Mark Weldon is stepping down as chief executive of NZX Ltd, the operator of the New Zealand stock exchange.

NZX has just announced that Weldon told the board he will step down as chief executive in the first half of next year, after nearly ten years in the job.

"Mark has effectively been founder, as well as leader, of NZX, as we now know it, since 2002. Under his stewardship, NZX has grown from a small and threatened mutual exchange to a thriving information, markets and infrastructure business, with a range of integrated business lines, a healthy balance sheet and a valuable set of options for future growth," said NZX Chairman Andrew Harmos in a statement.

"Following the successful execution of NZX's second five-year strategic plan, Mark has indicated that the time is now right for him to leave the company. The Board respects his decision. "


Harmos said that during the period of Mark's leadership the organisation had grown from a 2002 position of revenues of $10.4 million, a loss of $500,000, no dividends and a valuation at $15 million, to its current position of operating profit approaching $30 million, dividends this year of $17.24 million and a market capitalisation of around $288 million.

By the eighth anniversary of its listing, NZX had generated a total return to shareholders of 535 per cent, or 24 per cent per annum.

"Given the strength of the organisation and the wind that is now at our backs, I believe this is very close to an optimal time for both the individual and the organisation," said Harmos.

In the same statement Weldon said, "I have been privileged to have the opportunity to lead NZX throughout this time, working with wonderful, talented and passionate people who care deeply about our markets and the companies that depend on them to grow. Although it's been a very tough decision to leave, I know it's the right time. The organisation is in such good shape, with momentum building that will provide a positive working environment for the next CEO."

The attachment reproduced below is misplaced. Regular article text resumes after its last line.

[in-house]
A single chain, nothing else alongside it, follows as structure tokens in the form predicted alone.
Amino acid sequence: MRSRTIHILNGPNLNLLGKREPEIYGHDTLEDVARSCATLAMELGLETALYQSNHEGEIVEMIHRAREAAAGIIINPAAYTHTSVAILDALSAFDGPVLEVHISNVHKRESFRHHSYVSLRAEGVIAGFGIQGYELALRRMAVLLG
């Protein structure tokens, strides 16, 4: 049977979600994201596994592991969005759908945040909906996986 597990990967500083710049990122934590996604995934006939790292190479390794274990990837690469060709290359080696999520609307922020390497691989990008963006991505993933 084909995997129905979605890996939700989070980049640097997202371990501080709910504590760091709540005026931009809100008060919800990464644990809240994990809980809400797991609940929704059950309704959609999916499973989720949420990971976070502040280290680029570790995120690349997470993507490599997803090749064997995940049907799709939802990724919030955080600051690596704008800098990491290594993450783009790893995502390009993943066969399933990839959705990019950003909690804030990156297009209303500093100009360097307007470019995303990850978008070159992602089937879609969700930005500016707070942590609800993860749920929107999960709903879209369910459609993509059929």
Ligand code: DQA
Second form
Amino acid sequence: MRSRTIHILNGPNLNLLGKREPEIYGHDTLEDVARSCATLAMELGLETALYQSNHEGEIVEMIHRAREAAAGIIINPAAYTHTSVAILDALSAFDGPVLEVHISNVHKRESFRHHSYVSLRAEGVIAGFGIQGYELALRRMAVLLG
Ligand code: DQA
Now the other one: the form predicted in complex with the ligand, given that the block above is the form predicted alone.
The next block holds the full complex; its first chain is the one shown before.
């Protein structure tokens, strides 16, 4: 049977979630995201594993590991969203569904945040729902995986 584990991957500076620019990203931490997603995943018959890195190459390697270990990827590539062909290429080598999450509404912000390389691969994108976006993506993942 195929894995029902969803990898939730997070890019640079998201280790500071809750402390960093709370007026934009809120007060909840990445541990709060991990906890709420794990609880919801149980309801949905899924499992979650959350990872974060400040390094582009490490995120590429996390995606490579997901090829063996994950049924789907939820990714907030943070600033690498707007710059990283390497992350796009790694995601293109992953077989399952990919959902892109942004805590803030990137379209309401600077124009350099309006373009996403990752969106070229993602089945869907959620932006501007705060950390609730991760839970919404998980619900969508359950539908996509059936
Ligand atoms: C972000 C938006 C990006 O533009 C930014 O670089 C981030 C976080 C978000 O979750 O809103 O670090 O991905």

The statement does not say what Weldon is going to do after stepping down.

Weldon graduated from Auckland University with a first class honours degree in economics and a Bachelor of Commerce. He studied at the Columbia University School of Law in New York, graduating in 1997 with a Doctorate in Jurisprudence.

He worked for New York law firm Skadden, Arps, Slade, Meagher & Flom and was a senior engagement manager at McKinsey & Co. He also swam for New Zealand at the 1992 Summer Olympics in Barcelona.

Tipped as being a potential National Party candidate, the idea of Weldon as politician gained traction earlier this year when Prime Minister John Key appointed him head of the Government's Earthquake Appeal.


But Weldon himself downplayed any political aspirations at the time.

"That's not on the table. I've got one thing on my mind at the moment and that's this fund and getting as much support as we can for Christchurch."

Weldon said funds raised in the appeal would be applied to "community infrastructure" that was often taken for granted but which had been built up over a century in the city.